The Top 50 from the Best Books of 2019 List of Lists

This is my annual community service to book-bloggers – a list of the books that appear most frequently on the 56 lists that I listed on Best Books of 2019 – A List of Lists.

Presenting the 2019 Commonly-Agreed-by-the-People-Who-Publish-Best-of-2019-Book-Lists-Before-December-31 top 50 books.

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Books that made seven lists –

Wild Game by Adrienne Brodeur
Mrs Everything by Jennifer Weiner
The Night Tiger by Yangsze Choo
Ghost Wall by Sarah Moss
The World Doesn’t Require You by Rion Scott
Catch and Kill by Ronan Farrow
Red White and Royal Blue by Casey Mcquiston
The Old Drift by Namwali Serpell
Mostly Dead Things by Kristen Arnett
Once More We Saw Stars by Jason Greene
Thick by Tressie Cottom
The Institute by Stephen King
Night Boat to Tangier by Kevin Barry
How to Do Nothing by Jenny Odell

Books that made eight lists –

Maybe You Should Talk to Someone by Lori Gottlieb
All This Could Be Yours by Jami Attenberg
Good Talk by Mira Jacob
Spring by Ali Smith
The Uninhabitable Earth by David Wallace-Wells
Queenie by Candice Carty-Williams
Furious Hours by Casey Cep
Gideon the Ninth by Tamsyn Muir

Books that made nine lists –

Ninth House by Leigh Bardugo
Bowlaway by Elizabeth McCracken
The Other Americans by Laila Lalami
Orange World and Other Stories by Karen Russell
Nothing to See Here by Kevin Wilson
Lot by Bryan Washington
The Collected Schizophrenias by Esme Wang
How We Fight For Our Lives by Saeed Jones

Books that made ten lists –

City of Girls by Elizabeth Gilbert
American Spy by Lauren Wilkinson

Books that made 11 lists –

Grand Union by Zadie Smith
The Memory Police by Yoko Ogawa
Lanny by Max Porter

Books that made 12 or 13 lists –

The Man Who Saw Everything by Deborah Levy
Patsy by Nicole Dennis-Benn
Daisy Jones and The Six by Taylor Jenkins Reid
Drive Your Plough Over the Bones of the Dead by Olga Tokarczuk
The Need by Helen Phillips
Gingerbread by Helen Oyeyemi
Exhalation by Tony Chiang

Books that made 14 or 15 lists –

The Water Dancer by Ta-Nehisi Coates
Women Talking by Miriam Toews
Inland by Téa Obreht
She Said by Jodi Kantor
Disappearing Earth by Julia Phillips
Ducks, Newburyport by Lucy Ellman

Books that made 16, 17 or 18 lists –

Know My Name by Chanel Miller
Lost Children Archive by Valeria Luiselli
In the Dream House by Carmen Machado
Underland by Robert Macfarlane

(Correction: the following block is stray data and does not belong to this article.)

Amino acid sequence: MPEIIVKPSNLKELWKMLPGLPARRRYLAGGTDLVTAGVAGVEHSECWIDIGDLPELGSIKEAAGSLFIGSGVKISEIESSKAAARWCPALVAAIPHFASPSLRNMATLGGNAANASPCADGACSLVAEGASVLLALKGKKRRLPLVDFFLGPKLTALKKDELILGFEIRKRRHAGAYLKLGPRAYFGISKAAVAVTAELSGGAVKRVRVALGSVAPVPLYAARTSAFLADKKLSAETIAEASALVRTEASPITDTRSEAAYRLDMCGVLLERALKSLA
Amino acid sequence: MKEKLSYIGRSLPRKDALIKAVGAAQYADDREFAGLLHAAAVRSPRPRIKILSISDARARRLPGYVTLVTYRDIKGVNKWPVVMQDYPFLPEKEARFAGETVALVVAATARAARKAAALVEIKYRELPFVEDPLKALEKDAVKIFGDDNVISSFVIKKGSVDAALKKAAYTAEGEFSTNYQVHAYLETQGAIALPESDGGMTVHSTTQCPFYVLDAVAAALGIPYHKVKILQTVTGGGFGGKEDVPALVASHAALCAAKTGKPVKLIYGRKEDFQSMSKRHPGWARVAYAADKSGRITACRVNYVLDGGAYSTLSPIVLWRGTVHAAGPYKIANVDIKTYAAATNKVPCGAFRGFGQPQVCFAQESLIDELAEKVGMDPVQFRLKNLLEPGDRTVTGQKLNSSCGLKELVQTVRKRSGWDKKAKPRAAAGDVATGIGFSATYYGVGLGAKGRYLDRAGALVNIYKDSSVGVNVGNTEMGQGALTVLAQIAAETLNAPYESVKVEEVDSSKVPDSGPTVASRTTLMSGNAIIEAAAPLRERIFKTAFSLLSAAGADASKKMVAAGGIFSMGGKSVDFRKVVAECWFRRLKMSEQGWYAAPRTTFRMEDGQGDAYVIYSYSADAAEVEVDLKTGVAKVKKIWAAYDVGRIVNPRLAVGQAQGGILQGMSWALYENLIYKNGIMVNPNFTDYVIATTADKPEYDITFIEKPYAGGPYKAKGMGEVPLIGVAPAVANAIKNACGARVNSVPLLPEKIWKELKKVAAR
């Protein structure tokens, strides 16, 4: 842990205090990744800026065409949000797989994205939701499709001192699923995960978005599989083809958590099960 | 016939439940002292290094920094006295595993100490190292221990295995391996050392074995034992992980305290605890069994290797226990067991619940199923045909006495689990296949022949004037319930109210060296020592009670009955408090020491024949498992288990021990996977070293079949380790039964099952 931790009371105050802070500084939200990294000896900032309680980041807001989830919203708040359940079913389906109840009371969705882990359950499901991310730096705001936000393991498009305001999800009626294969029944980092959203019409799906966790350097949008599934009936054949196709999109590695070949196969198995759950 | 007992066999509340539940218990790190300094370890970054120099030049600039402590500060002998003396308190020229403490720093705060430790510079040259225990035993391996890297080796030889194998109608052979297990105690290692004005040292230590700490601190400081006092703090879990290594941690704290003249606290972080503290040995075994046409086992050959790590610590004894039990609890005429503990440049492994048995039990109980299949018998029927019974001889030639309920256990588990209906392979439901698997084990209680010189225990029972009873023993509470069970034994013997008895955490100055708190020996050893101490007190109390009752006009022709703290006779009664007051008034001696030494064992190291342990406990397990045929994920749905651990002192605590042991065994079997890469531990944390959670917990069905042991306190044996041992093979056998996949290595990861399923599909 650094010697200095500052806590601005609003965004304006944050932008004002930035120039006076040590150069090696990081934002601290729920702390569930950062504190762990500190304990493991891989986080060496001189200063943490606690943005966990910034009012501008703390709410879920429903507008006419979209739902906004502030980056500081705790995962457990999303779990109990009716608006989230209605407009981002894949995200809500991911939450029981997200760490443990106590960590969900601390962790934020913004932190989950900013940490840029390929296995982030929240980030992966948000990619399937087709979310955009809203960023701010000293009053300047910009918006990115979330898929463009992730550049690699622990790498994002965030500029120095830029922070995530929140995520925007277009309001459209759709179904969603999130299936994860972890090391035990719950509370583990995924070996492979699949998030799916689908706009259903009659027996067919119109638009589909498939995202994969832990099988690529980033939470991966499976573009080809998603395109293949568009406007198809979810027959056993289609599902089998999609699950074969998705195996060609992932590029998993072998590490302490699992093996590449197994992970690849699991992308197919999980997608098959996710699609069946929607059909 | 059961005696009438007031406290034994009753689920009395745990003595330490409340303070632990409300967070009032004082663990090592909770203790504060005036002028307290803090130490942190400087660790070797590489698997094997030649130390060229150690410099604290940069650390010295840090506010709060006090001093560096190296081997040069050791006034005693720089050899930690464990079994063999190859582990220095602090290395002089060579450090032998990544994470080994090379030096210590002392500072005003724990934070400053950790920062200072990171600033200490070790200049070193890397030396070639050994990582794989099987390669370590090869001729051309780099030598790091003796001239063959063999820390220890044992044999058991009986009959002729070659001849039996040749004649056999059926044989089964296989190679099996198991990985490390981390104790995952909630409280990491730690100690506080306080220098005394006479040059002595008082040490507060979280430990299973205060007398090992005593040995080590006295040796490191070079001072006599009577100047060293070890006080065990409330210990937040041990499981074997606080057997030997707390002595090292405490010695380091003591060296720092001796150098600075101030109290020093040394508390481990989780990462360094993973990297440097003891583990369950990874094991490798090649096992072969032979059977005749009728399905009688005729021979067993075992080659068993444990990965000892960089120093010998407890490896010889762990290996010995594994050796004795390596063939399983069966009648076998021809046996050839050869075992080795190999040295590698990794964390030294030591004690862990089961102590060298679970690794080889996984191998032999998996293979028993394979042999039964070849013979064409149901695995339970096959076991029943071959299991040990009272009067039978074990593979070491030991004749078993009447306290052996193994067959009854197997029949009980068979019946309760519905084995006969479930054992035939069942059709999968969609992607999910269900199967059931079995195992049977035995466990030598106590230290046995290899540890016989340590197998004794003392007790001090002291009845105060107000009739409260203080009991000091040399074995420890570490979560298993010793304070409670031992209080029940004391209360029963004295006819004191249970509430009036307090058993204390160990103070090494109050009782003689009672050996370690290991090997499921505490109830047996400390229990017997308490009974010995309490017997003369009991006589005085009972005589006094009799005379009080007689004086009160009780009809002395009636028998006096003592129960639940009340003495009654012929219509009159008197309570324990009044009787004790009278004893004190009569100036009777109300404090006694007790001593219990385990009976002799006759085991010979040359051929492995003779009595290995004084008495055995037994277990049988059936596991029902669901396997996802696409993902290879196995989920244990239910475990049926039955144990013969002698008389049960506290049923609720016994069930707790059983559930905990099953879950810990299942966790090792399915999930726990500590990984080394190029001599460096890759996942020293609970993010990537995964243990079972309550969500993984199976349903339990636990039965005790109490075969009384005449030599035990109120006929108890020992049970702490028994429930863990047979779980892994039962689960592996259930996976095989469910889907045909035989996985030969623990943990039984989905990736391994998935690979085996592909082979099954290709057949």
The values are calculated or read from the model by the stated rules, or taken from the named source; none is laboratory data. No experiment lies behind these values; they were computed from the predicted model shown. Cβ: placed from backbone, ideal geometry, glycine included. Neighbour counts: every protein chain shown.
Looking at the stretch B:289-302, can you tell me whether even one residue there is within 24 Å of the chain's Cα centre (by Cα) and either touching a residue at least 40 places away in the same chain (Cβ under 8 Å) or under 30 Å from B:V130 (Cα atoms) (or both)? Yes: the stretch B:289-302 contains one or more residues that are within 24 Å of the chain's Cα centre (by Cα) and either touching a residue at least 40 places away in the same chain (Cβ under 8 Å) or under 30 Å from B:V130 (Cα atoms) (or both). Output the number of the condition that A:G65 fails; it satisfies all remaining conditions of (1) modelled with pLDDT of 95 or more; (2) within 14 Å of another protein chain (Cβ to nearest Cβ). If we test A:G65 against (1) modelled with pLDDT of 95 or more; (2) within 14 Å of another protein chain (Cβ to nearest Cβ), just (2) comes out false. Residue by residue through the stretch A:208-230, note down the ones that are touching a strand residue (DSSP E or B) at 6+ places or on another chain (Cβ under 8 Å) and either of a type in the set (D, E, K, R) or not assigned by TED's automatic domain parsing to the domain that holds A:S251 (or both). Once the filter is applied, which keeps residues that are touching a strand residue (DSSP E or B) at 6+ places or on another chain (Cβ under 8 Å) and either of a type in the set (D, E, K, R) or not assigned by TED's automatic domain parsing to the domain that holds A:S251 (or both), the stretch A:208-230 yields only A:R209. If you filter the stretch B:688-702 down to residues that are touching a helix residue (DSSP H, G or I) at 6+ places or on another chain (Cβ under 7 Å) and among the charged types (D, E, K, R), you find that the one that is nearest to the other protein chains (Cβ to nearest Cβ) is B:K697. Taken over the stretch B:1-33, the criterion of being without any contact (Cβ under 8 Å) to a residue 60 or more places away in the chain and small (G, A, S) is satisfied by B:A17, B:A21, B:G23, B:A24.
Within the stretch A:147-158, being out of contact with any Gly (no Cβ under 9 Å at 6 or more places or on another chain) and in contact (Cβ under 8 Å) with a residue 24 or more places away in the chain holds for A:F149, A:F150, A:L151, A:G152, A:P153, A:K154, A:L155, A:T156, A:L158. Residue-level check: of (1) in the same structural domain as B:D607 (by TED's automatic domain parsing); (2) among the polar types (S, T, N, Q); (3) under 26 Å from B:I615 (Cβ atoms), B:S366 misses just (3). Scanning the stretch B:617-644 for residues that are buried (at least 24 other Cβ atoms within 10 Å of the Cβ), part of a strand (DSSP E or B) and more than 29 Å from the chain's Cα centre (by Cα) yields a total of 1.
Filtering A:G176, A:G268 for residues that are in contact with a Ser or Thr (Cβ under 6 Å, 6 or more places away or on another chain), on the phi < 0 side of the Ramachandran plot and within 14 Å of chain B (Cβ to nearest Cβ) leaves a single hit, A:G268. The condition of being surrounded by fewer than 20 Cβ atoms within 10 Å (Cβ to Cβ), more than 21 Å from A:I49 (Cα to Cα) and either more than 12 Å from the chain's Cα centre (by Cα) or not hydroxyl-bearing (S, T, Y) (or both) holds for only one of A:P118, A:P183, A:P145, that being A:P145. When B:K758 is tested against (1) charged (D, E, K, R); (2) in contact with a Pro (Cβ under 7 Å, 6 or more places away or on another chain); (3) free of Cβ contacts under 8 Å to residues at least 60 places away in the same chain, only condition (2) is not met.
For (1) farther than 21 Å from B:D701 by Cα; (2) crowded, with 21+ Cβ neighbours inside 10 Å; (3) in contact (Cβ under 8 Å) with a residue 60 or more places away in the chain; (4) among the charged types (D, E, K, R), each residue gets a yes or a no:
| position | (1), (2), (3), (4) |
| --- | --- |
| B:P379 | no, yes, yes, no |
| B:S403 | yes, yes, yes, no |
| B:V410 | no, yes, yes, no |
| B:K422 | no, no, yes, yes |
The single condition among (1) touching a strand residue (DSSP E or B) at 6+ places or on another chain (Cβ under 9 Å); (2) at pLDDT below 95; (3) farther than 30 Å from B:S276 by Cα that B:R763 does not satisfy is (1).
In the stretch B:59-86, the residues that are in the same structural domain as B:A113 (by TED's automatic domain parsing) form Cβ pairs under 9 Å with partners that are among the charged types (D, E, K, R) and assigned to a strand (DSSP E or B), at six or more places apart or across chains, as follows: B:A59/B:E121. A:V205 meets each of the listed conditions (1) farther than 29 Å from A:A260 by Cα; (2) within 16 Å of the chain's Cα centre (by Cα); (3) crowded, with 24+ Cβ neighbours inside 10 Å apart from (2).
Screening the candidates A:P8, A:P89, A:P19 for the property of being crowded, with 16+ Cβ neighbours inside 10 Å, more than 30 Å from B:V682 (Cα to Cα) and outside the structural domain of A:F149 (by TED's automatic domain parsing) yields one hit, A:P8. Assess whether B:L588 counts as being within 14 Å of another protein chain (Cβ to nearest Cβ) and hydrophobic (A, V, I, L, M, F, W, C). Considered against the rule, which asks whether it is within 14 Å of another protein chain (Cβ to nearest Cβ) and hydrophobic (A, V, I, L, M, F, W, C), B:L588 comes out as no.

Red At the Bone by Jacqueline Woodson
Black Leopard Red Wolf by Marlon James
The Yellow House by Sarah Broom
Say Nothing by Patrick Keefe

Books that made 19, 20 or 21 lists

The Testaments by Margaret Atwood
Girl Woman Other by Bernardine Evaristo
Three Women by Lisa Taddeo
The Topeka School by Ben Lerner

Books that made 22-29 lists –

Olive Again by Elizabeth Strout
The Dutch House by Ann Patchett
Trust Exercise by Susan Choi
Normal People by Sally Rooney
Trick Mirror by Jia Tolentino
On Earth We’re Briefly Gorgeous by Ocean Vuong

Books that made 30 or 31 lists –

Fleishman is in Trouble by Taffy Brodesser-Akner
The Nickel Boys by Colson Whitehead

I’ve read seven (Gottleib; Gilbert; Reid; Oyeyemi; Atwood; Taddeo; Rooney); have another seven in the TBR stack (Jami Attenberg; Zadie Smith; Sarah Broom; Patrick Keefe; Ben Lerner; Bernardine Evaristo, Ann Patchett) and I am busting to read another ten (Adrienne Brodeur; Jason Greene; Esme Wang; Deborah Levy; Nicole Dennis-Benn; Jodi Kantor; Chanel Miller; Elizabeth Strout; Jia Tolentino; Taffy Brodesser-Akner).

Do you agree with the critics – will any of these titles make your ‘Best of 2019’ list?

35 responses

  1. I have read none, so I don’t expect any to be on my top list! Also, I’m guessing these are all new releases – it would be unusual for older books to make multiple best-of lists after all! Anyhow, there are a few here I’m interested in – particularly the three that made 11 lists! What does that say about me? Mainly that I’m just not keeping up anymore with world publishing. Struggling to keep up with Aussie publishing!

    Anyhow, thanks for doing this list Kate. Always interesting.

    • They are all new release except Normal People – it made the list last year but was re-released this year?? Not really sure how that works! Anyway, I read it this year and it is easily one of my favourites this year.

      Every so often, I check back over these lists and see how many I’ve read from each year – hate to agree with the critics but very often my favourite reads appear on these lists! T said, Aus authors rarely make it and invariably they dominate my own list each year.

      • Hmmm, no. Probably depends exactly when it was released? Anyhow, who are we to whinge about things like this. After all it’s promoting books and reading.